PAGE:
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Part 2: Does our gut health directly impact skin health?


Last week we discussed our ‘gut-skin axis’ and how our gut health impacts our skin health! This week I’d like to focus a little more on the specific and most common inflammatory skin conditions that are linked to our gut health.

Below are the most common risk factors involved in exacerbating symptoms of a skin condition:

Hormones

  • Stress/Anxiety/Depression
  • Irregular eating
  • Sedentary lifestyle
  • Diet and nutrition
  • Gut dysbiosis
  • Impaired detoxification pathways
  • Topical applications
  • Food intolerances

Food intolerances

What do all of these have in common? They are ALL closely connected to the overall functioning of our GUT!

Let’s look at these skin disorders. What are they? How are they related to our gut health?

Acne Vulgaris - major inflammatory disease so is closely related to your immune and digestive systems. It can be caused by a specific bacteria called Propionibacterium acnes, nutrient deficiencies, inflammation and a variety of hormonal factors such as androgen excess. *TIP - Reducing inflammation throughout your gut (often via diet) and improving the clearance of hormones by the liver is essential to reducing the effects of acne.

Acne Rosacea - another inflammatory disorder however the precise pathophysiology for this skin condition is unknown. We do know however, that because it is an inflammatory condition our immune system plays a huge role. How much of our immune system is in our gut? Approximately 80%! Our microbiota in our gut is also associated with rosacea and research shows that impairment of our gut barrier and alteration in gut microflora causes rosacea and skin outbreaks due to our gut-skin axis. *TIP - Reducing dairy intake, increasing essential fatty acid intake, and hormone modulation (especially if oestrogen dominance is an issue) are all important factors when it comes to managing rosacea.

Eczema (atopic dermatitis) - this chronic, superficial inflammation of the skin is often seen in individuals with a family history of allergic rhinitis, asthma or other allergies. Its development involves multiple potential genes, an altered innate and adaptive immune response (immune system again!), and epidermal epithelial dysfunction. Furthermore, the development of atopic dermatitis might be promoted not only by gut microbiome diversity in itself, but also by interactions between specific gut microbiome, established immune systems, and harmonization of the gut microbiome and the host. *TIP - Know your triggers for flare ups. If we can identify them, we can manage them and reduce the intensity of them. I often highly recommend food intolerance testing and stress management techniques in cases of eczema.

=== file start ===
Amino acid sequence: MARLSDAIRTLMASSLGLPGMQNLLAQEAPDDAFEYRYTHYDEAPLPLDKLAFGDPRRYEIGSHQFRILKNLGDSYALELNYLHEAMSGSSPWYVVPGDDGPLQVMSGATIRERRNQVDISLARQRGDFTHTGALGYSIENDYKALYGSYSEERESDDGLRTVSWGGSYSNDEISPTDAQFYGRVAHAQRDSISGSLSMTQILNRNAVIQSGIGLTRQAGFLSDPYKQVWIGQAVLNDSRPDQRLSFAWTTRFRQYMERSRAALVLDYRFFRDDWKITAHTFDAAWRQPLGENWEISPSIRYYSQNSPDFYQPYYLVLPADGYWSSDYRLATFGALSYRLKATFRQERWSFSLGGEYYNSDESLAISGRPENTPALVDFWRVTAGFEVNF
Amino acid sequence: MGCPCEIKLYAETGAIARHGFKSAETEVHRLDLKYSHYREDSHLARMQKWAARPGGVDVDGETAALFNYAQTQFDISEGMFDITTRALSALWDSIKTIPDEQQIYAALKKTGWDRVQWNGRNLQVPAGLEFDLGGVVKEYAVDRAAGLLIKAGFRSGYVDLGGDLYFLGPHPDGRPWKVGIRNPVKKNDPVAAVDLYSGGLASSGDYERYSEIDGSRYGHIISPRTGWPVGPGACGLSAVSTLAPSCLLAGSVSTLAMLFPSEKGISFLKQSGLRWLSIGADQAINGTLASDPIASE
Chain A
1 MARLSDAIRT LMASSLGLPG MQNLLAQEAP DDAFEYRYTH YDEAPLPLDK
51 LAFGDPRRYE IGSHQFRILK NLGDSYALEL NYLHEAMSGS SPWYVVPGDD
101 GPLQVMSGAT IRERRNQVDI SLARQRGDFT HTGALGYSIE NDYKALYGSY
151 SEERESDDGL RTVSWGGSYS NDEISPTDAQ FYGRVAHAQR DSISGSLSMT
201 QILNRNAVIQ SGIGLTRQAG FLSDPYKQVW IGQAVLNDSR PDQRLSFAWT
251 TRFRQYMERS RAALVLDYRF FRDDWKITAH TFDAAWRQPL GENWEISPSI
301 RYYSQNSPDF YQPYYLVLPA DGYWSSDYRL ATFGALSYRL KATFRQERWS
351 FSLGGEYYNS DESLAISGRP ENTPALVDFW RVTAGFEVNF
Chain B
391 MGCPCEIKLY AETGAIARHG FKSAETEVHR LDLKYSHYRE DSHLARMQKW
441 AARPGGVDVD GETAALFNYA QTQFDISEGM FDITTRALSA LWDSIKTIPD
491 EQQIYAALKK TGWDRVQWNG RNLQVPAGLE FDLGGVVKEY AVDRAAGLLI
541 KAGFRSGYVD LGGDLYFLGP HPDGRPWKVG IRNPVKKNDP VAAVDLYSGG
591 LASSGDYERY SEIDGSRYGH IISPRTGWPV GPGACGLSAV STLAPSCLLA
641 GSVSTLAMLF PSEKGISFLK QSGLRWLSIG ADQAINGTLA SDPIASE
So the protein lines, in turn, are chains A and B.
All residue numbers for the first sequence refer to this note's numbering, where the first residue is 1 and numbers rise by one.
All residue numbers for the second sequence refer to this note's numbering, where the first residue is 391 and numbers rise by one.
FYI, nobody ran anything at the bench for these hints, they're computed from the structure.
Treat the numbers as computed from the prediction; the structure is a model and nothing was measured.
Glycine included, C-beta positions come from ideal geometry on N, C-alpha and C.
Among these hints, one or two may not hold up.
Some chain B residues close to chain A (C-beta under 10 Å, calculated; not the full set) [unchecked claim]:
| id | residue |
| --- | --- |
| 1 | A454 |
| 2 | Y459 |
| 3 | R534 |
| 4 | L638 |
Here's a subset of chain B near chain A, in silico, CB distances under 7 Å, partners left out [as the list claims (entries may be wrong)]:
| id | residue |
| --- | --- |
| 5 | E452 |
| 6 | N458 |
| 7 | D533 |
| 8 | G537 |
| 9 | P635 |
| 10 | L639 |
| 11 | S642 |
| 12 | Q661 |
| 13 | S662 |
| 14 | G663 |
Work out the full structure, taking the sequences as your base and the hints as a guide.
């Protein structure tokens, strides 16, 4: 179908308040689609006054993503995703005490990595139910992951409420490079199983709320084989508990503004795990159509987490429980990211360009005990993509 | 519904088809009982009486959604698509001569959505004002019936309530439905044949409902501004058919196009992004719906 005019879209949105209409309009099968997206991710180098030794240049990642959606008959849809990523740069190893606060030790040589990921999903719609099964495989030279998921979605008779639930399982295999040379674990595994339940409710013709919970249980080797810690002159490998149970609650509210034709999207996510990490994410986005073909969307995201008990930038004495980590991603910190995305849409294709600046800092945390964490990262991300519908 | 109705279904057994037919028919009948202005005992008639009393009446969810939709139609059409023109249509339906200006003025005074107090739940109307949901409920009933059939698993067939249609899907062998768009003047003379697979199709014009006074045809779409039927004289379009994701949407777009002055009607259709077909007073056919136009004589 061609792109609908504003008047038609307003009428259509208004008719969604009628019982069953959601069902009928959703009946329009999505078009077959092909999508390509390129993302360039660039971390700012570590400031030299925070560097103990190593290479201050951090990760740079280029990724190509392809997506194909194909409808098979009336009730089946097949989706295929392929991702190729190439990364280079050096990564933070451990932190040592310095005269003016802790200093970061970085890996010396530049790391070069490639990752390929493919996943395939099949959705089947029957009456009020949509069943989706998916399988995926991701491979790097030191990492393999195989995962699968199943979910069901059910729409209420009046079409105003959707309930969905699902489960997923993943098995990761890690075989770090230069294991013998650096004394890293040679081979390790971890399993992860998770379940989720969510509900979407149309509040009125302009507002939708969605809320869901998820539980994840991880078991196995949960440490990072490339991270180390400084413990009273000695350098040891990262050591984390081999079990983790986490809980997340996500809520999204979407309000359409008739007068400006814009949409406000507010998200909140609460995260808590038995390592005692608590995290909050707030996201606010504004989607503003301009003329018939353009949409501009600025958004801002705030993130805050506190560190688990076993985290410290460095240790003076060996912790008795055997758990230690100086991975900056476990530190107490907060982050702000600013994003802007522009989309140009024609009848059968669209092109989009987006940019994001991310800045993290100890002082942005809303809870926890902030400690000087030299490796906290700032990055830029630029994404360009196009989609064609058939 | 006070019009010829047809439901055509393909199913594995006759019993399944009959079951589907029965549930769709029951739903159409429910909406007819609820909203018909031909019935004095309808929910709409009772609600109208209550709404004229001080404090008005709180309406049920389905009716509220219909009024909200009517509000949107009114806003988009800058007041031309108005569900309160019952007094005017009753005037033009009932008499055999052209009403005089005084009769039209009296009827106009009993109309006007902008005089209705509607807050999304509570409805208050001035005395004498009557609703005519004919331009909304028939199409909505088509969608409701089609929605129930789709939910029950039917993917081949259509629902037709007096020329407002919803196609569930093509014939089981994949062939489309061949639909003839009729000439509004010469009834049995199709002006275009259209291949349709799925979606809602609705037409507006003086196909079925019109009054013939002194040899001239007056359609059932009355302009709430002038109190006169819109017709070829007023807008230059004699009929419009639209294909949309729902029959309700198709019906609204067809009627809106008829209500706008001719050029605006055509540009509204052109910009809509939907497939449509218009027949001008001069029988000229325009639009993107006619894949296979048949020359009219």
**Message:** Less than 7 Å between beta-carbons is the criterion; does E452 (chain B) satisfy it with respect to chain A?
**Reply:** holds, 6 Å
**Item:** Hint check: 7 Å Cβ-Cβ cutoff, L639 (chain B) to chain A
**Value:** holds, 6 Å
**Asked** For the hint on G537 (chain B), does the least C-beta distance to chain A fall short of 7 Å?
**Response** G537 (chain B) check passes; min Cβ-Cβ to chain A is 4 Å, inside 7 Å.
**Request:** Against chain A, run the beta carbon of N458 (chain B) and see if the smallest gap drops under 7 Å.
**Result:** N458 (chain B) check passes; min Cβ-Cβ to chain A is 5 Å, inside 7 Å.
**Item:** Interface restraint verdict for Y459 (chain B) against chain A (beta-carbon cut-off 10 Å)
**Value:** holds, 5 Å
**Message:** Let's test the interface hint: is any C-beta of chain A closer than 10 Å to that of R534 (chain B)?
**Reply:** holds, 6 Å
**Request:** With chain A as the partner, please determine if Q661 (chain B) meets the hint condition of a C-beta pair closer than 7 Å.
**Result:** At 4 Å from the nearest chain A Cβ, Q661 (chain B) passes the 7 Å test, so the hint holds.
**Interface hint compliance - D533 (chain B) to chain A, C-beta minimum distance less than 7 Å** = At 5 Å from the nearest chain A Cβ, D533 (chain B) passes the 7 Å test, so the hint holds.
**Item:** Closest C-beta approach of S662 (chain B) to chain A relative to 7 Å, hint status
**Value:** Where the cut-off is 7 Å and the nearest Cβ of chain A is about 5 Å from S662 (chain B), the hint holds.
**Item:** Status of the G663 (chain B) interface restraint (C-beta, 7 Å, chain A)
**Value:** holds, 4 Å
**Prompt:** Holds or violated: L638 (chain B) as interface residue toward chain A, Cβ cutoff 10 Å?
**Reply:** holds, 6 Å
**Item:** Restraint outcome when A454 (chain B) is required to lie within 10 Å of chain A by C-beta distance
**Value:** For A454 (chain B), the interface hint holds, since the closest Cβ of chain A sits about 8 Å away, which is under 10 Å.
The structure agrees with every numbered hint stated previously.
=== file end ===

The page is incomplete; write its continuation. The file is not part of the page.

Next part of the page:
Psoriasis - an immune-mediated inflammatory disease of the skin. The plaques involved in psoriasis are areas of excessive skin cell production and inflammation. Due to its autoimmune nature, modulation of immune system function is vital in the management of this condition. One of the most impacting ways to modulate your immune system is to work on the health of your gut. This decreases inflammation and helps to create tight gap junctions within your gut lining so toxins and pathogens aren’t absorbed. The more we focus on this, the less reactive your immune system becomes. *TIP - work on clearing tissue waste and cleaning blood with lymphatic herbs and nutrients such as burdock, cleavers, nettle, yellow dock, vitamin A & zinc.

Pigmentation - widespread hyper-pigmentation can be caused by changes in hormones, internal health conditions, chemicals, drugs and heavy metals. However, the most common cause of pigmentation is a skin condition known as vitiligo. It is a result of a decrease in melanin production typically due to a tissue-specific autoimmune process. Similar to that of psoriasis, vitiligo needs to be approached from an angle that focuses on gut and immune system support and modulation. *TIP - get your vitamin D levels checked. Vitamin D supplementation is essential for autoimmune conditions.

Two highlights from this - all of these conditions involve both

  • The skin-gut axis, and
  • Immune system dysfunction.

Working on your gut health to assist skin conditions is starting to seem like a no-brainer right?

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